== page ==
Gustavo Arreguin Mendoza
Sophomore, Spanish and International Studies, Salvatierra, Mexico
- Please discuss your experience as a first generation college student thus far
As I came to find out, I was not the only one who was overwhelmed by the amount of information floating around college applications and scholarships during my senior year of high school. My parents could not help me with the process because they were unfamiliar with this type of deal. I had to figure out everything on my own, from what schools I’d be applying to, to financial aid and FAFSA while balancing my academics and extra-curricular activities. It was pretty stressful. Once I came to Loyola, I wasn’t sure that I had come to the right place and my parents were putting a lot of pressure on me. The most difficult part has been keeping my parents on the loop with everything while doing most stuff on my own. Payments and all that stuff because they’re unfamiliar with the processes.
- Why did you choose Loyola University Chicago?
I “stumbled” upon Loyola University Chicago; I had applied to other Catholic and Jesuit schools without knowing what the word “Jesuit” meant. I was simply reading their mission statements and loving the idea of an education surrounded by service and faith. My school counselor suggested Loyola once Fordham (my top choice at the time) didn’t give me much aid. I applied and got in. I had no idea where I was going and it was April 30th. Since the decision needed to be made by May 1st, I ended up picking Loyola without visiting or knowing anything about it. Came here and felt pretty lost and disconnected since I was commuter, but all that changed by second semester.
- What role, if any, did your family play in your decision to come to college? What role, if any, did your family play in your decision to come to Loyola University Chicago?
My family had very high expectations of me and were hopeful that I would end up somewhere near so that I wouldn’t have to leave home. They wanted me to attend my top choice, wishing the best for me as all parents do, and once they found out my top choice was in New York they began to talk to me about schools here. They let me figure things out on my own, they stayed out of it which made it very stressful for me, but since then I have learned to value that pace to make such life-changing decisions.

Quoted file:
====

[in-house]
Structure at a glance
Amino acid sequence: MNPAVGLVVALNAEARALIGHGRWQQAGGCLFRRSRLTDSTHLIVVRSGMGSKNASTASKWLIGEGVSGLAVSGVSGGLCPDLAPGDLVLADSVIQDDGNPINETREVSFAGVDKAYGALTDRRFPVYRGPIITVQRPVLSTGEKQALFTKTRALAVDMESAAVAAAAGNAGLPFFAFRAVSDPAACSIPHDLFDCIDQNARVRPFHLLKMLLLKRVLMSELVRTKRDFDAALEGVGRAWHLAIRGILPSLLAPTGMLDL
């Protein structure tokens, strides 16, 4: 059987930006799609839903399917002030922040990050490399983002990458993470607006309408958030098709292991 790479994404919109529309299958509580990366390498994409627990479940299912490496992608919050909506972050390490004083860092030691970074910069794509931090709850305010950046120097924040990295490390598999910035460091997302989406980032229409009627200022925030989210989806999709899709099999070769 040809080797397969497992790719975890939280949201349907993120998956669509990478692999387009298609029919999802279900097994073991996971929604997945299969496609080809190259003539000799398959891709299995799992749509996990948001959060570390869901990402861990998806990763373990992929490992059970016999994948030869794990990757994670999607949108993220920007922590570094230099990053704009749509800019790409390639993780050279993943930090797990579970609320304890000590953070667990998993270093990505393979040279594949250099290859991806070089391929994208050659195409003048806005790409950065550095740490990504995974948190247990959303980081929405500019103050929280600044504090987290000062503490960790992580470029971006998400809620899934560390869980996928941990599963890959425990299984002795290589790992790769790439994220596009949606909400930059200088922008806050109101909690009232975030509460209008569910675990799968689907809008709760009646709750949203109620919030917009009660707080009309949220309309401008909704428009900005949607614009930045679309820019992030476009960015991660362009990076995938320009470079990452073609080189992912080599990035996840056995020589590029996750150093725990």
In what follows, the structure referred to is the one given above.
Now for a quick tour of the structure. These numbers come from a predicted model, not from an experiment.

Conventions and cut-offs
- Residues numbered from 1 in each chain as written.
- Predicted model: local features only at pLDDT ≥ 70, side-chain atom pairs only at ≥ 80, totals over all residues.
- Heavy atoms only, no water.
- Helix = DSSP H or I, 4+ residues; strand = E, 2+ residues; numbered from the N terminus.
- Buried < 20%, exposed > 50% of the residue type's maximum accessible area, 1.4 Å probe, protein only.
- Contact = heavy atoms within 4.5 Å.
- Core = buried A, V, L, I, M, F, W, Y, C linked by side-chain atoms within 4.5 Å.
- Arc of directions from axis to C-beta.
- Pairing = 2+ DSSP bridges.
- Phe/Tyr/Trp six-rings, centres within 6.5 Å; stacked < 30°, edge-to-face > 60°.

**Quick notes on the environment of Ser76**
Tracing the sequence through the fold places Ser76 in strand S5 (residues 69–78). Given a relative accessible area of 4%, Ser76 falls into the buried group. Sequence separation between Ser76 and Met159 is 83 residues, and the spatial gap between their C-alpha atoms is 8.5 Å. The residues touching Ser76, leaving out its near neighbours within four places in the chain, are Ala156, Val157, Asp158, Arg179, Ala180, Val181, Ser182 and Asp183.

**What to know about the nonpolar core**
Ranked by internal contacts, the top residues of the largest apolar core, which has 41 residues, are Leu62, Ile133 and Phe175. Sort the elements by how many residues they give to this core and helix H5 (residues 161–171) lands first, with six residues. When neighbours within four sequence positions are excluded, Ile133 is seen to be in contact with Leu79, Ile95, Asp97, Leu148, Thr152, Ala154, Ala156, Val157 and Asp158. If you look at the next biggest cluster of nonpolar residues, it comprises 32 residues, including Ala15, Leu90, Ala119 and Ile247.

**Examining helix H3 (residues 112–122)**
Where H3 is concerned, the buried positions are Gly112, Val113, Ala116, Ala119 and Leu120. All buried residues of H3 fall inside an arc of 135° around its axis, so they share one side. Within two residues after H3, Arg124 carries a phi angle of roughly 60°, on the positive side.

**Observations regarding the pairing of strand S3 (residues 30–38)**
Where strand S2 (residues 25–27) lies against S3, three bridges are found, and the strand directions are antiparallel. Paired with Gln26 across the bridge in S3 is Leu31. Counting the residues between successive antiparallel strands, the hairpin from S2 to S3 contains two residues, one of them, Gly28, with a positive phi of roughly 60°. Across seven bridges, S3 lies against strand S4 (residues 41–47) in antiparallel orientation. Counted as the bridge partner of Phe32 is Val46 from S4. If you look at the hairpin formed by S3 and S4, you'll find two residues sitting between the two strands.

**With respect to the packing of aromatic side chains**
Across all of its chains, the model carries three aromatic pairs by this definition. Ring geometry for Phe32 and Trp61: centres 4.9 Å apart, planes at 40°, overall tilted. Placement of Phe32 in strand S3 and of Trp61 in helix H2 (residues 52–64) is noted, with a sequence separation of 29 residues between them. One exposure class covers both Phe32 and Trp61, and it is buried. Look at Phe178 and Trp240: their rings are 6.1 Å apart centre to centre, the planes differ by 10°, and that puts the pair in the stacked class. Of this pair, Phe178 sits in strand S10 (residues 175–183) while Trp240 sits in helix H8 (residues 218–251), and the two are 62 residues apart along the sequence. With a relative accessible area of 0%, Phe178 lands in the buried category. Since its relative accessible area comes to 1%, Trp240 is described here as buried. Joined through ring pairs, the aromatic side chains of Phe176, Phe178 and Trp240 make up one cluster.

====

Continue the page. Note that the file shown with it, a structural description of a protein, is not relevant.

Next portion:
- Describe what the first day of classes was like for you
First day of classes: half an hour commute on the train at 7am in order to make it to my 8:15am Chemistry class. After that the day went well, I liked all my classes. Met some people I still talk to, and we ended up taking classes together all year. Overall it was a good day.
- Are there things that you cannot know about the college atmosphere that you can only learn by experiencing it? If so, what are they?
Part of the college experience is living on campus and I have not had a chance to experience that during a semester since I commute. I think it’s important to network outside of your comfort zone and meet people you have classes with in order to feel part of campus. I think the sense of “home” and belonging is developed as you begin and continue your education at a college campus.
- During the school year, how did you manage your school work? How did you stay focused?
I didn’t manage my time very well first year. I had two part-time jobs, commuted, and took five classes. It was a rough time, until I discovered Google calendar and used the planner I received at Orientation. This doesn’t work for everyone but it certainly did for me. Second semester I was able to get it all together and my classes turned out to be great and I improved a lot by that time.
- If you could give first generation college students any word of advice, what would you tell them?
First year is great because there is a lot to discover about yourself and your interests, but while it’s important to manage your time, realizing that you don’t have to figure your life out at 18 is helpful. Don’t just meet other students, find yourself someone you trust and feel comfortable around and ask them for advise, don’t be shy about it, voicing your concerns and worries always helps and having that person there to help you out will be great. This will help you stay mentally and spiritually healthy during your first year. Never, EVER, think that your parents are thrusting you into the world without helping you. Remember that just like you, they don’t know how to “college” but they look after you and love you, so take their hands and “college” yourself with their help.